Bush Pictures: A Dead Forest by Henry O'Donnell

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Oh! ashen comrades of the years too brief,
   Grim, shrivelled skeletons, ungainly things,
Like beggars now ye stand, in silent grief,
   Where, but a decade since, ye reigned as kings.

I fled the haunts of men, with ye to be,
   In days when I had mirth, and ye were strong,
But, though superb in mighty majesty,
   Not for your might I loved ye, but your song.

When she, the sunlight of my wayward days,
   Went forth with me, to bid my heart rejoice,
She, with her lute, from you caught such rare lays
   As never raptured minstrel tongue could voice.

And when we told our loves -- ah, me! the tale --
   And lingered long adown the shady lea,
Ye bent your plumes, and over hill and dale
   Proclaimed our secret in a symphony.

With plighted troth when once again we strolled
   To seek the solace of your kindly bowers,
No organ diapason ever rolled
   A wedding march that faintly echoed ours.

And when, aweary of this war for breath
   Too soon she grew, and wrung my only tear,
Ye sang in whispers, in the teeth of death,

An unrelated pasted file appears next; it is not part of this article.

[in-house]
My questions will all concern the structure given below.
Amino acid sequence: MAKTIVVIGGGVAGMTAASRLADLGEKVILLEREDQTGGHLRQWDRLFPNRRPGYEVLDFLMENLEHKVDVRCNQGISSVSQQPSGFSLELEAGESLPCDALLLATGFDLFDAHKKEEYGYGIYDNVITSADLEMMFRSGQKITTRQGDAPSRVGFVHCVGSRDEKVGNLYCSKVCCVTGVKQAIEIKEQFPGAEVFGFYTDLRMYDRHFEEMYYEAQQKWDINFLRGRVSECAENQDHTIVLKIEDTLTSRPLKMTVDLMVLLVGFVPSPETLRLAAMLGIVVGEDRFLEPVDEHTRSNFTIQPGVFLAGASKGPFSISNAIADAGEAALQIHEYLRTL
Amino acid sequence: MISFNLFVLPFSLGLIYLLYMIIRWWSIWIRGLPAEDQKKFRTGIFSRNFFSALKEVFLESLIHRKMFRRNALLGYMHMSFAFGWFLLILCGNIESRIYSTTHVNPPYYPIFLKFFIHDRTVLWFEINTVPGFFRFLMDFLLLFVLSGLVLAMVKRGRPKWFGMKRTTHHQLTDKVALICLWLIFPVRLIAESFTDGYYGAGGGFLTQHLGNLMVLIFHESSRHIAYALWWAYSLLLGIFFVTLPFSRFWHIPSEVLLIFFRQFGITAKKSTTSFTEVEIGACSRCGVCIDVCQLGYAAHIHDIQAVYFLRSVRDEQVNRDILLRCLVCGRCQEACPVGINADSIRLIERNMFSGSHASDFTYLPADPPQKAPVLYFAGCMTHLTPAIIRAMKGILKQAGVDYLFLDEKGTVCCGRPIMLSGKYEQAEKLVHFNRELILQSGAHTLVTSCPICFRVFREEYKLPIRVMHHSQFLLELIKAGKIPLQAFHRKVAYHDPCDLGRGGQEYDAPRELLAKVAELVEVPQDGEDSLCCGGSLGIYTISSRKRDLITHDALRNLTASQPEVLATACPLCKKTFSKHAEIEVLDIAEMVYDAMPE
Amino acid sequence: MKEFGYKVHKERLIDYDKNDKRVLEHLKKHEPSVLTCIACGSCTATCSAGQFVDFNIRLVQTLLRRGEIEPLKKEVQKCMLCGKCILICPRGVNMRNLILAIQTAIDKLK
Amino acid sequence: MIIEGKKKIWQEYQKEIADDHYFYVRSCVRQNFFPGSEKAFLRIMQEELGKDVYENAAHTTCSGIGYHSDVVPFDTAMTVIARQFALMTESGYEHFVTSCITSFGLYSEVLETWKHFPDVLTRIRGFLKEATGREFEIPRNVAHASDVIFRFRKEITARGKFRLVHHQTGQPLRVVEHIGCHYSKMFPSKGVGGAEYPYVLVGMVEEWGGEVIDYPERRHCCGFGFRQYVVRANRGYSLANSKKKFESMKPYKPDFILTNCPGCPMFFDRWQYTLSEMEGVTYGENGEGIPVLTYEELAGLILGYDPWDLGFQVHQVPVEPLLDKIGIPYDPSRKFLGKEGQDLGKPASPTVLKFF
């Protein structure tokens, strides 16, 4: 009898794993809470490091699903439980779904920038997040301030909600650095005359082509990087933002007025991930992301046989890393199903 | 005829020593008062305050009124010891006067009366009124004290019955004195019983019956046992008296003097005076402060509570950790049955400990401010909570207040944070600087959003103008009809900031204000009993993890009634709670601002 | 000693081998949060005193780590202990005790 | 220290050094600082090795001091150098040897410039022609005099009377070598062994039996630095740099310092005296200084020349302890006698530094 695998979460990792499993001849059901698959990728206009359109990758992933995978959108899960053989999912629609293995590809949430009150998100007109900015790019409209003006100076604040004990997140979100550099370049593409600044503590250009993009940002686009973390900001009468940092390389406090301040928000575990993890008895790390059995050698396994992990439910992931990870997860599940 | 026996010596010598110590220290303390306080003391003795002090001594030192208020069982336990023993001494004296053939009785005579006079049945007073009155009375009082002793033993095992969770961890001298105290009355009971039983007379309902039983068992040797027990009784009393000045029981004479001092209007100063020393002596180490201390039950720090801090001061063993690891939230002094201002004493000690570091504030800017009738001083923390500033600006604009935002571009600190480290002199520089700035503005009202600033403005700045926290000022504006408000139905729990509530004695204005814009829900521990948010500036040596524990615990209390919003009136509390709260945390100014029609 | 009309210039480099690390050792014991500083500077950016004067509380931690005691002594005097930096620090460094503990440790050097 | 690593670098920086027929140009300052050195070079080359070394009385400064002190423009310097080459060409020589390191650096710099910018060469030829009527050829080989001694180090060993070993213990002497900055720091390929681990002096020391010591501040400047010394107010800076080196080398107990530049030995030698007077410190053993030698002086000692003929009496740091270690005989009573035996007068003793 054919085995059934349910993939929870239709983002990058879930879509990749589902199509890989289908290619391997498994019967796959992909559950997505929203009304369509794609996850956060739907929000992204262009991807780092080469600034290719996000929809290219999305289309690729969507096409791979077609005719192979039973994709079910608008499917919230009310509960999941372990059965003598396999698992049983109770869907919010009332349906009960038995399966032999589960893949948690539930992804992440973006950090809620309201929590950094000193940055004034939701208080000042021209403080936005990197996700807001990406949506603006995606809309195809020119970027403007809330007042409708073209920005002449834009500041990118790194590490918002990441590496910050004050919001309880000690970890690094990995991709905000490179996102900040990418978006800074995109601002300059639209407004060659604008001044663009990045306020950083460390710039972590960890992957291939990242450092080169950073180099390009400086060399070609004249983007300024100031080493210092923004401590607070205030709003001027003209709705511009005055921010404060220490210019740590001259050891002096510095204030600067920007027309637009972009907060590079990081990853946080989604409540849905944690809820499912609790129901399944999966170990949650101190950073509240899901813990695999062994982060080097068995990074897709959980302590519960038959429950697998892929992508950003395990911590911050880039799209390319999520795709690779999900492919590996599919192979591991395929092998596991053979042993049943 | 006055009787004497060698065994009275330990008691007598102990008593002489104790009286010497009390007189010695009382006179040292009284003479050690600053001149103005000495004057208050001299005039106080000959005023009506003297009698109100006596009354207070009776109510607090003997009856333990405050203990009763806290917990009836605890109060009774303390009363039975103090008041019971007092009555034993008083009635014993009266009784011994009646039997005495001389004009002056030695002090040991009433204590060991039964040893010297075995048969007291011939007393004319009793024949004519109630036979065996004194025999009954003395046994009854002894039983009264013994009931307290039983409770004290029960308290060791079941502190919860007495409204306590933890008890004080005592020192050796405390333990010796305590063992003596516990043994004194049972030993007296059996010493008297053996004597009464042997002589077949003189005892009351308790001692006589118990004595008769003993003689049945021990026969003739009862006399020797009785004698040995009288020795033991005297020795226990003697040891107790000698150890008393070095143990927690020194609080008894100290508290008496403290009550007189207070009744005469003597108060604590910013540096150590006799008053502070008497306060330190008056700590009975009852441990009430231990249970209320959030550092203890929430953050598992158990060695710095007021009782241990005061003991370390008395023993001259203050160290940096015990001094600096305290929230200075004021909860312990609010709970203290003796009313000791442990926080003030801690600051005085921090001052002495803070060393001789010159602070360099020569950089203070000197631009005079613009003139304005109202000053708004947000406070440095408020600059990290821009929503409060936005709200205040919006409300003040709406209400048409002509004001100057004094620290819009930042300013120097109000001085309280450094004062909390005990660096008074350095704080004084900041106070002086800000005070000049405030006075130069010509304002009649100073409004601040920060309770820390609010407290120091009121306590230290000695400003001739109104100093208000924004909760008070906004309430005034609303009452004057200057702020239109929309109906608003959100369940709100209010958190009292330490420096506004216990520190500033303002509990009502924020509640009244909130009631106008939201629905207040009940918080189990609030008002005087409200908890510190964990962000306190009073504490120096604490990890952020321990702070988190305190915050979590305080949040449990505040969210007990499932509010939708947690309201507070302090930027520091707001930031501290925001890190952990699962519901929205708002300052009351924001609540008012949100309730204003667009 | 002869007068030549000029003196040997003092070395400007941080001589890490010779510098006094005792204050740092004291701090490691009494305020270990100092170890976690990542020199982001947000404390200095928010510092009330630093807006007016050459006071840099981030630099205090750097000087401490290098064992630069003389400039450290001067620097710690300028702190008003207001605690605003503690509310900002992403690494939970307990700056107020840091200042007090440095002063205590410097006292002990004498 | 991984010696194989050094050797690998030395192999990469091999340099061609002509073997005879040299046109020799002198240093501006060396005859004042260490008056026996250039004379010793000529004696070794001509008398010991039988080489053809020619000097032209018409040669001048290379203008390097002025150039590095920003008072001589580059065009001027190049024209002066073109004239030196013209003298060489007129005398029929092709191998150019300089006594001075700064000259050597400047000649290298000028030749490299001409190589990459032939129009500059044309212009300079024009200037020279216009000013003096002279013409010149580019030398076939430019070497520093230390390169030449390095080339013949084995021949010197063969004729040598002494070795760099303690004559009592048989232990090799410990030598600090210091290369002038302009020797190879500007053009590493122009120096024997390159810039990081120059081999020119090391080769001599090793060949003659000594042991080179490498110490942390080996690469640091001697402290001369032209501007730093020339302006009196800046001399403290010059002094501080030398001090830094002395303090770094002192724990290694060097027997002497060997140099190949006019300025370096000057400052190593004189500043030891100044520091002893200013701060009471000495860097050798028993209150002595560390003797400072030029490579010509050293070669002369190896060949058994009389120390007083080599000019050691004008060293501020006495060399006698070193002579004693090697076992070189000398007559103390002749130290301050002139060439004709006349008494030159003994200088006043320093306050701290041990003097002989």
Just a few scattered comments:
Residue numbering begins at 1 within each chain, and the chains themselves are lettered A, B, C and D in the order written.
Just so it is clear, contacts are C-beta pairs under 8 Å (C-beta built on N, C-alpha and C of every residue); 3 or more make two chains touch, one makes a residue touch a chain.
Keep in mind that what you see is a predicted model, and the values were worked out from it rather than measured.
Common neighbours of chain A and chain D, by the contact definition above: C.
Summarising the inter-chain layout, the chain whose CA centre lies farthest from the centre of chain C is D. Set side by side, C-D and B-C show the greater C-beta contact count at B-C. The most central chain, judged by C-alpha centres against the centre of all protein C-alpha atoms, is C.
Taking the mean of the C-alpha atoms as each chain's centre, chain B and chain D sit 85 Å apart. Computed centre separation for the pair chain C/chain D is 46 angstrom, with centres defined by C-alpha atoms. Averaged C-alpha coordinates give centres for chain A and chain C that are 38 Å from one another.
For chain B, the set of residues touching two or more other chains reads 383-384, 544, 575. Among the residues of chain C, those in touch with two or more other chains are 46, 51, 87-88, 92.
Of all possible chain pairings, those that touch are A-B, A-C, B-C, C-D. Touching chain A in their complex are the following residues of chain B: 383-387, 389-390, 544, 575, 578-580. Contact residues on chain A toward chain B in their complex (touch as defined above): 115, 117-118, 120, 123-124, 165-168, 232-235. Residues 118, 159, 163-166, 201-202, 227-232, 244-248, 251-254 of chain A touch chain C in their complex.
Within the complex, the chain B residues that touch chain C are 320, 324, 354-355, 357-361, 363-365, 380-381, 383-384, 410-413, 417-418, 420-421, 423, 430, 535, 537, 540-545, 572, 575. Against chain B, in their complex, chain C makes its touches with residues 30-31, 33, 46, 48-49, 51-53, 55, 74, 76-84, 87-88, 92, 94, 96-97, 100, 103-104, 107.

The only requiem I loved to hear.

And now that night is menacing my day,
   Your matchless nocturne, madrigal and glee,
Your crested heads, that kept the storm at bay,
   In memory alone can live with me;

For all your withered tongues are cold and mute
   As riven chords in hearts of adamant,
And, like my vanished love with broken lute,
   To me a dirge of silence now ye chant,

To tell, perchance, to soothe the after years,
   Dead trees, dead loves and songless birds may be --
As we would know but for our deafened ears --
   The deeper tones of Nature's harmony.

First published in Melbourne Punch, 19 May 1904

Author reference site: Austlit.

See also.

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This page contains a single entry by Perry Middlemiss published on May 19, 2011 8:15 AM.

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